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«Helping each other teach: design and realisation of a social tutoring platform Yiwei Cao1, Sten Govaerts2, Diana Dikke1, Nils Faltin1, and Denis ...»

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Helping each other teach: design and realisation

of a social tutoring platform

Yiwei Cao1, Sten Govaerts2, Diana Dikke1, Nils Faltin1, and Denis Gillet2

IMC AG, Germany


EPFL, Switzerland


Abstract. Today a wide range of technologies exist that support learning and teaching, ranging from learning management systems (LMS)

to general social media platforms, such as Facebook and blogs. However, teaching with such tools and platforms can create various obstacles for teachers.Within the Go-Lab project, we aim to engage school pupils with STEM topics by bringing online laboratory experiments into the classroom. Since it can be a hurdle for teachers to use such technical software and implement these experiments into the pedagogical flow of their lessons, we have identified the need to support and tutor teachers on using online laboratories and their pedagogical implementation in the classroom. The Go-Lab Tutoring Platform offers teachers peer assistance for expertise sharing related to online labs, pedagogy, the Go-Lab learning system and portal. Teachers, lab owners and scientists can help each other and share their skills and knowledge. To sustain this tutoring platform, we aim to build a community of practice and apply various social media techniques. This paper elaborates on the design, the first prototype and an early evaluation of the Go-Lab social tutoring platform. Furthermore, the business model is discussed and realisable via a credit system, ranging from social rating to payment mechanisms.

Keywords: online labs, inquiry learning, bartering, tutoring, social tutoring platform, communities of practice, business model 1 Introduction Nowadays an abundance of tools is available to solve numerous problems and tasks. Facing a chore, people often say: ‘There is an app for that!’ Likewise, also for learning and teaching various technologies are at the disposal of teachers and students, ranging from classical learning management systems (LMS), learning analytics dashboards to the re-purposing of existing social media platforms, such as Twitter, Facebook, and blogs. Nevertheless, implementing these technologies in the classroom is often not straightforward and can create technical and pedagogical hurdles.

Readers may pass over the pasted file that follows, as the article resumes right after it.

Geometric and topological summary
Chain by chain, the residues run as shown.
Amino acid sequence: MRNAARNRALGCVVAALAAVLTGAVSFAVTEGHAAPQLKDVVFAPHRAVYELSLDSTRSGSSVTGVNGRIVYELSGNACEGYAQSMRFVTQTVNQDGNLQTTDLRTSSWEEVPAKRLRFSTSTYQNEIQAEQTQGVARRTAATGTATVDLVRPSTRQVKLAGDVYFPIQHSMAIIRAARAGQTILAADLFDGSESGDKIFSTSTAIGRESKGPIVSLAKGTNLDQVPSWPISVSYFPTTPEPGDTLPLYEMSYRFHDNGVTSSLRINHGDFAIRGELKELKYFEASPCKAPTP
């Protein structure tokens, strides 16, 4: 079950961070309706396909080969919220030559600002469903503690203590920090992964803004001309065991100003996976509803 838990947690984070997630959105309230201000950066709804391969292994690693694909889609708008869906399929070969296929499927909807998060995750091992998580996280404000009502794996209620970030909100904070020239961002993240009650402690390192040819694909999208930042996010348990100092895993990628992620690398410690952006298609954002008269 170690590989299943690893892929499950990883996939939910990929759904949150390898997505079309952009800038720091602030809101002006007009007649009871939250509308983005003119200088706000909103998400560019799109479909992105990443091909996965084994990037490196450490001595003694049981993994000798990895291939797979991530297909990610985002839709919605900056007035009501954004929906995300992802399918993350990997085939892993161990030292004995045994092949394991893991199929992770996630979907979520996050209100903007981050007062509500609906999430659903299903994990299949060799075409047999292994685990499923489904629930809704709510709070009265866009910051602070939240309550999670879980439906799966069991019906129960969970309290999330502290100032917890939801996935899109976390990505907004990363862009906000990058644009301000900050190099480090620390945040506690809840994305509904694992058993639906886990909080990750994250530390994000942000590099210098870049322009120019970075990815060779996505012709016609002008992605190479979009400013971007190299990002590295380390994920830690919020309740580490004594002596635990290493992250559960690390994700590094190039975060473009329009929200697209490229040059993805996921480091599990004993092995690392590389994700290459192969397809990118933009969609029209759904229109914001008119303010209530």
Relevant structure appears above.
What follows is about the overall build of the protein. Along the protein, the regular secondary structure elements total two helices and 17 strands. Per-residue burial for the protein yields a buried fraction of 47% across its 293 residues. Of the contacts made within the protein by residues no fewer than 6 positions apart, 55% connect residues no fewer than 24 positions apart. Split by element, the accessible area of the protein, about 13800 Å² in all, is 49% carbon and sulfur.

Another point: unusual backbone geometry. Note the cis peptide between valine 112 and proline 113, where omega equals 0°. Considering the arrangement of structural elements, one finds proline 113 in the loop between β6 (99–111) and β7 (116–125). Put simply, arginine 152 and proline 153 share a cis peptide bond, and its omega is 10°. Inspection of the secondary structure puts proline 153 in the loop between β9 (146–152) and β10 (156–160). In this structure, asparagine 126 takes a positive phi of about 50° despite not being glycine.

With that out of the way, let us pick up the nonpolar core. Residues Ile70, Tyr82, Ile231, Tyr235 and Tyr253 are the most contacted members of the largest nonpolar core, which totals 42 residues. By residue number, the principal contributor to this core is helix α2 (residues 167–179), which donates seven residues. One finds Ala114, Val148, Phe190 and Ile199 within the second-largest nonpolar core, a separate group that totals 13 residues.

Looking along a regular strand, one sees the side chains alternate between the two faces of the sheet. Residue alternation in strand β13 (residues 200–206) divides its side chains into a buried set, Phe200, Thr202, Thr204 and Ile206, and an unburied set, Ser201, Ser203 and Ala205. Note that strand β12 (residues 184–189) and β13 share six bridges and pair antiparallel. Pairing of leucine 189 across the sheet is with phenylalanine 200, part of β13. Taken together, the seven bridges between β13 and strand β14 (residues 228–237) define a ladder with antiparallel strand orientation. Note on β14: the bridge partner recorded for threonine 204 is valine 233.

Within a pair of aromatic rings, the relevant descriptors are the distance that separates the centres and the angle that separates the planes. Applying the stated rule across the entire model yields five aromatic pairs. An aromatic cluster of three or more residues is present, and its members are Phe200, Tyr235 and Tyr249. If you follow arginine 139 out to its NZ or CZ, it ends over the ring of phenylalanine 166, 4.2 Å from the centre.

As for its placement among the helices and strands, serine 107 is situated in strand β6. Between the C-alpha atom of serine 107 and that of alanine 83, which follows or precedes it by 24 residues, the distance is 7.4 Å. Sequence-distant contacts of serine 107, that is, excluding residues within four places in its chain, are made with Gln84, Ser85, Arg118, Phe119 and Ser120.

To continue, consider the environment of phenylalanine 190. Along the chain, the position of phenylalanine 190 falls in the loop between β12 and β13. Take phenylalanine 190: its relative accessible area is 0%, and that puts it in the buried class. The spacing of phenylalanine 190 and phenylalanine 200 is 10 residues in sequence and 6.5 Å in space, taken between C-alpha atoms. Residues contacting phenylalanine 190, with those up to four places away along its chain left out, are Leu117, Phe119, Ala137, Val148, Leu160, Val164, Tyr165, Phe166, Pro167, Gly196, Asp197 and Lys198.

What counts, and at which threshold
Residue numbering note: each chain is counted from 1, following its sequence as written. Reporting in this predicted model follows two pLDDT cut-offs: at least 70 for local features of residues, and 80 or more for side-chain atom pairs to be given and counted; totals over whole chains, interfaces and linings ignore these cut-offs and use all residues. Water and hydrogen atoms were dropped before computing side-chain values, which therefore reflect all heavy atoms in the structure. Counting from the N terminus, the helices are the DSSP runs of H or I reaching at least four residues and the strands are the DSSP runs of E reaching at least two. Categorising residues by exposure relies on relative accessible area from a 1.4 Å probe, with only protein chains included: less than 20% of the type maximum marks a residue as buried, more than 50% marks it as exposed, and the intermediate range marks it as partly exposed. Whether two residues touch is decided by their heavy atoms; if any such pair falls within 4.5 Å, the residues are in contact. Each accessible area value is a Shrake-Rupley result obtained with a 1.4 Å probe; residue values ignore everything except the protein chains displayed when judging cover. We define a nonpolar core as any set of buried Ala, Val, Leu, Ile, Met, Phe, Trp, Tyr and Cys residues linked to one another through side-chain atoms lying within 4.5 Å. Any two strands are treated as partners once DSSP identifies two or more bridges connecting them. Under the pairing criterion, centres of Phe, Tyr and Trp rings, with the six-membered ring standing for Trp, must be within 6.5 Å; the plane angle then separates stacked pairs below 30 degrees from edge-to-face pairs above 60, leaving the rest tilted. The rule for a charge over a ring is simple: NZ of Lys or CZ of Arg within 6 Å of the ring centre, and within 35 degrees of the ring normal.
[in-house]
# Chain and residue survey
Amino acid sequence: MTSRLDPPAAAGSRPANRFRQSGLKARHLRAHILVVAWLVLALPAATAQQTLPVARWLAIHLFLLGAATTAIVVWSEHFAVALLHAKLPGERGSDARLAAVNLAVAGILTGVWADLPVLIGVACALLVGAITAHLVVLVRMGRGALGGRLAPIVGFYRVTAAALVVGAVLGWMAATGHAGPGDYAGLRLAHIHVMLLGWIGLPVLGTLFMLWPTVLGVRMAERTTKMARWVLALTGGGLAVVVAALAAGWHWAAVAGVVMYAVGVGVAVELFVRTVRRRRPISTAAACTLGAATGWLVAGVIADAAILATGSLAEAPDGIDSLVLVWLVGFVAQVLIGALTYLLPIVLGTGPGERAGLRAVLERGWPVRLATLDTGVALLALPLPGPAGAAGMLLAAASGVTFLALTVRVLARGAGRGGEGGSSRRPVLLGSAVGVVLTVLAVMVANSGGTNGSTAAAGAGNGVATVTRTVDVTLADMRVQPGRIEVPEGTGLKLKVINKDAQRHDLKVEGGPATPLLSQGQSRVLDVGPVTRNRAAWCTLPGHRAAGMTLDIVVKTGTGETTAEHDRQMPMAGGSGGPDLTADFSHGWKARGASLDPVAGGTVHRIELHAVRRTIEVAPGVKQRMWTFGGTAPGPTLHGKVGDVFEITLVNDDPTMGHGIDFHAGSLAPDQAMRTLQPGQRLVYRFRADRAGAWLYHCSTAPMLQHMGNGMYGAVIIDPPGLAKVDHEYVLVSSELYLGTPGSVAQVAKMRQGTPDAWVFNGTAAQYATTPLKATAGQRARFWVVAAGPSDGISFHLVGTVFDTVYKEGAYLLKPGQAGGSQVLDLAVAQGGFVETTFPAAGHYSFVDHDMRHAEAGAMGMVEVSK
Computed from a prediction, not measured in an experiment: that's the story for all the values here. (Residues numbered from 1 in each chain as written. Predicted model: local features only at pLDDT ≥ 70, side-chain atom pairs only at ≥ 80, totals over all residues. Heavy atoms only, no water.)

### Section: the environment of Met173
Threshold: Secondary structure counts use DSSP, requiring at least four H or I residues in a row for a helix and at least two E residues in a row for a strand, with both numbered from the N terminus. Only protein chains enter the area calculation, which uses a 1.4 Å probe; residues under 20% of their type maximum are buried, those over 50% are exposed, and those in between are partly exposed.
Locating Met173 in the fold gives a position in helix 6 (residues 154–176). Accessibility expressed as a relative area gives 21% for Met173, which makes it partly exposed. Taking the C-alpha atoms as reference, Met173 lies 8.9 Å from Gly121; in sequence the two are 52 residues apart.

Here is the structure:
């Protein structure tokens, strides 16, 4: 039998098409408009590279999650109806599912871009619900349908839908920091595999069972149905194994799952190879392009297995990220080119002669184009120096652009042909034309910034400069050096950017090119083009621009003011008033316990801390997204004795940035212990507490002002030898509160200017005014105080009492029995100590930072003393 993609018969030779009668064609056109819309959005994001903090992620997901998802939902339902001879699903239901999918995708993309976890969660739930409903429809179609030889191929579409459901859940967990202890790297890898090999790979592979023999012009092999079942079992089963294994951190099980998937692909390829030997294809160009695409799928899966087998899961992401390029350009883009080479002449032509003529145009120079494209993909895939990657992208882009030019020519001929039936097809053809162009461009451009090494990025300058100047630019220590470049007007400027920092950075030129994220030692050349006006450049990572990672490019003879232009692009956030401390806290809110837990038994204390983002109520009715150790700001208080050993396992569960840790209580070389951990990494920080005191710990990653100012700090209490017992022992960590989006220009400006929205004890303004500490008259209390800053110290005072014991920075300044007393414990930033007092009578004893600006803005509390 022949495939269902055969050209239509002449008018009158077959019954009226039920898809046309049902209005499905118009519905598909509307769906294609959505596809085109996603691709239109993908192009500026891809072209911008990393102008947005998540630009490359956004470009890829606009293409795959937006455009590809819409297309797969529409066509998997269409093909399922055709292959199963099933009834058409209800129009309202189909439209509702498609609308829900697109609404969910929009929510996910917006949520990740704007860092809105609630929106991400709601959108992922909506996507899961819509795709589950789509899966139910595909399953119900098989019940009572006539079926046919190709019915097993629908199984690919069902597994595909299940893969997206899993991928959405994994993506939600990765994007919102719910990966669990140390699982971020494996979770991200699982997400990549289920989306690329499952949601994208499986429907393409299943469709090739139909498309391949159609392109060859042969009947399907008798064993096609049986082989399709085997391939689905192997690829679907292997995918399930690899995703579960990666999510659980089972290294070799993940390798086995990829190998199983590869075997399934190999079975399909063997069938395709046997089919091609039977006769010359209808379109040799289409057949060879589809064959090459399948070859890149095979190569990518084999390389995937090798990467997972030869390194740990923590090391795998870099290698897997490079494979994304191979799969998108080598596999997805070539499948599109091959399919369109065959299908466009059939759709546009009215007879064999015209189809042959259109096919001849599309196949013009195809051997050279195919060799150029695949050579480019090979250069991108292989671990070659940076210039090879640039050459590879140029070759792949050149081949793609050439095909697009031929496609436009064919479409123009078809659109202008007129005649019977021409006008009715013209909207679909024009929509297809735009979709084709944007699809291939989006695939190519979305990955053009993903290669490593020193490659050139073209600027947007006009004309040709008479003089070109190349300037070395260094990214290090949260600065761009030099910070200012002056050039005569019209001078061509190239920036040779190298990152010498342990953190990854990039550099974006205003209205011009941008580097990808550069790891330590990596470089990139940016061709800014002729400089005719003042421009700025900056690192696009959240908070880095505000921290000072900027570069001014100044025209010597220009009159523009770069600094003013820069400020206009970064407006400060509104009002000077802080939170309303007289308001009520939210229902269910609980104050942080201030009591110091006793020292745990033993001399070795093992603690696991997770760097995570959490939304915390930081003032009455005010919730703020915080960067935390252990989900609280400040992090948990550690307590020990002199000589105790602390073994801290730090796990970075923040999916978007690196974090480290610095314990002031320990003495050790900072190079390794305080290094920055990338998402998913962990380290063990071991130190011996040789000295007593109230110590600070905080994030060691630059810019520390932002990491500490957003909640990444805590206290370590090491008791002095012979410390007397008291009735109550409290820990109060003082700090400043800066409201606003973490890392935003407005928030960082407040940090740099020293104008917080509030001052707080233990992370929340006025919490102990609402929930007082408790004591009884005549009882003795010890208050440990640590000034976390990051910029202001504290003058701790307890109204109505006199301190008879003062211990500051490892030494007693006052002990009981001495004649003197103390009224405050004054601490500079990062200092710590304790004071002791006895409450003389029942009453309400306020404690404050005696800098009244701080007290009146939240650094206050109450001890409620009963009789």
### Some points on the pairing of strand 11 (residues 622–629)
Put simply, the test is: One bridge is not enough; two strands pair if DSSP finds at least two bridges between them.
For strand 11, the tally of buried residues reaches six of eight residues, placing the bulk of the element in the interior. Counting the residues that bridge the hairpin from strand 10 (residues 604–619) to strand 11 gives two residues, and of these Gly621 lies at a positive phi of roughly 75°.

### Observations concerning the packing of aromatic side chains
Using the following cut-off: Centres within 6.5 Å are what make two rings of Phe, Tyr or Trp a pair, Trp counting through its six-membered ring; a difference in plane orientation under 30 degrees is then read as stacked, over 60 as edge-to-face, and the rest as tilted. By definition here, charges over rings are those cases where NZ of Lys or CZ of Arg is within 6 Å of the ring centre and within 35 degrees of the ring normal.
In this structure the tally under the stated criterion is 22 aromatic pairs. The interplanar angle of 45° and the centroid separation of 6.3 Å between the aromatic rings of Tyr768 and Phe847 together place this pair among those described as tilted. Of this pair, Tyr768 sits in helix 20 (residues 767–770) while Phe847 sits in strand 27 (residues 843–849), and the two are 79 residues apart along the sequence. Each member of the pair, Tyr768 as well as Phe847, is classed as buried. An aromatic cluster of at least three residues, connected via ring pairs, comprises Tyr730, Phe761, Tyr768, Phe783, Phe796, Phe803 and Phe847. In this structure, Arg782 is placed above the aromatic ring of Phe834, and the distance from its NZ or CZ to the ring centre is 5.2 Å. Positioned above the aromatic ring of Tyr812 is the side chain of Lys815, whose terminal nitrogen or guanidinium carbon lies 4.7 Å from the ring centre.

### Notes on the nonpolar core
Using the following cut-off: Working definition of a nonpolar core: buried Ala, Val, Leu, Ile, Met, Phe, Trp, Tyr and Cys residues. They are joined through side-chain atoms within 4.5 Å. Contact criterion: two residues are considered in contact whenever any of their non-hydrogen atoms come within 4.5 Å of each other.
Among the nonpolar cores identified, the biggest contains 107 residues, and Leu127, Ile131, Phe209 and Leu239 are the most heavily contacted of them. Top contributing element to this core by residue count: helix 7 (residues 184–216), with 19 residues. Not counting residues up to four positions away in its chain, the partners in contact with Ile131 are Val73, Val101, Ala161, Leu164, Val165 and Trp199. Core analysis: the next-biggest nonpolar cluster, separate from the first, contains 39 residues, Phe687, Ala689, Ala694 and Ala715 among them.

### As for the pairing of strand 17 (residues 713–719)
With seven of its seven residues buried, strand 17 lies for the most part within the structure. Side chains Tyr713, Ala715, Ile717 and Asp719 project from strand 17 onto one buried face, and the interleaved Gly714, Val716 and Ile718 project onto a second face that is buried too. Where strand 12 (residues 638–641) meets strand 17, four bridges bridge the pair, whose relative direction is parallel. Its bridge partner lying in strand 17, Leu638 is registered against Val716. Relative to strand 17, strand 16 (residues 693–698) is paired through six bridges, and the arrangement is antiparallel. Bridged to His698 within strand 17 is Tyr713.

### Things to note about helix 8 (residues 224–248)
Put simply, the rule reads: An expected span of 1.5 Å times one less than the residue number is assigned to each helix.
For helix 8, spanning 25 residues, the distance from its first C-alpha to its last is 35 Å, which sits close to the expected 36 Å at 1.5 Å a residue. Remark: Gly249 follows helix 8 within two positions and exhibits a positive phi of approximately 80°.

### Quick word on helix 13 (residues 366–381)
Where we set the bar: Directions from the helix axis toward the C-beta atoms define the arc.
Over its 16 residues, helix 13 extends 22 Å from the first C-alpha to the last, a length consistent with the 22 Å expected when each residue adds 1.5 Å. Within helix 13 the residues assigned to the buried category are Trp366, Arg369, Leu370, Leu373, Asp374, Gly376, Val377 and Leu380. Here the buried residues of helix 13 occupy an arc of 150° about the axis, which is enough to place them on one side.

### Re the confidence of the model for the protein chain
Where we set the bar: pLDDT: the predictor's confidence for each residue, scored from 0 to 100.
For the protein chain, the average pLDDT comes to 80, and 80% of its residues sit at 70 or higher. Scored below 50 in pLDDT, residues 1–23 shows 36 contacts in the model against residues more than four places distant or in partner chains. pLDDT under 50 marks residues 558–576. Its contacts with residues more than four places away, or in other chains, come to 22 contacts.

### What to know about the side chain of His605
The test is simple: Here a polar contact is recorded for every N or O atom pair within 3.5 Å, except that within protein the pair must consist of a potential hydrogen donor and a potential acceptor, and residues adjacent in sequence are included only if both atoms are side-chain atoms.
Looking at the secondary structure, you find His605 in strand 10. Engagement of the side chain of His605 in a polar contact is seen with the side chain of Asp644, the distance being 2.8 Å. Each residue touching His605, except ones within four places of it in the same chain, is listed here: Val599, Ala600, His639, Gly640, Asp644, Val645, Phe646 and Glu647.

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Bringing new technologies into the classroom is the mission of the Go-Lab project3, where the main goal is to engage school students with STEM (science, technology, engineering, and mathematics) fields by bringing exciting online laboratory experiments intothe classroom. Online labs play an important role for science learning at schools [9, 10]. For instance, students could operate the highpowered, robotic Faulkes telescope4 located in Hawaii from the classroom to investigate astronomy, or students can investigate particle collisions using software to analyse real data from the CERN Large Hadron Collider. However, successfully integrating such scientific software into a course can be difficult. To overcome these barriers, the Go-Lab project wants to assist and tutor STEM teachers on the use of online laboratories and appropriate pedagogical methodologies. The Go-Lab Social Tutoring Platform offers teachers assistance from lab owners, scientists and their peers who can share their expertise and experience with online labs, pedagogy and the Go-Lab portal [8]. This portal consists of two main components: the Lab Repository5 and the Inquiry Learning Space (ILS) Platform. The Lab Repository focuses on collecting and sharing online labs, supporting apps and inquiry learning spaces. The ILS Platform allows teachers to build such ILS [7], which are learning environments using online labs and supportive apps from the Lab Repository with learning content and tailored to the inquiry-based learning methodology. Teachers can then share such an ILS with their students.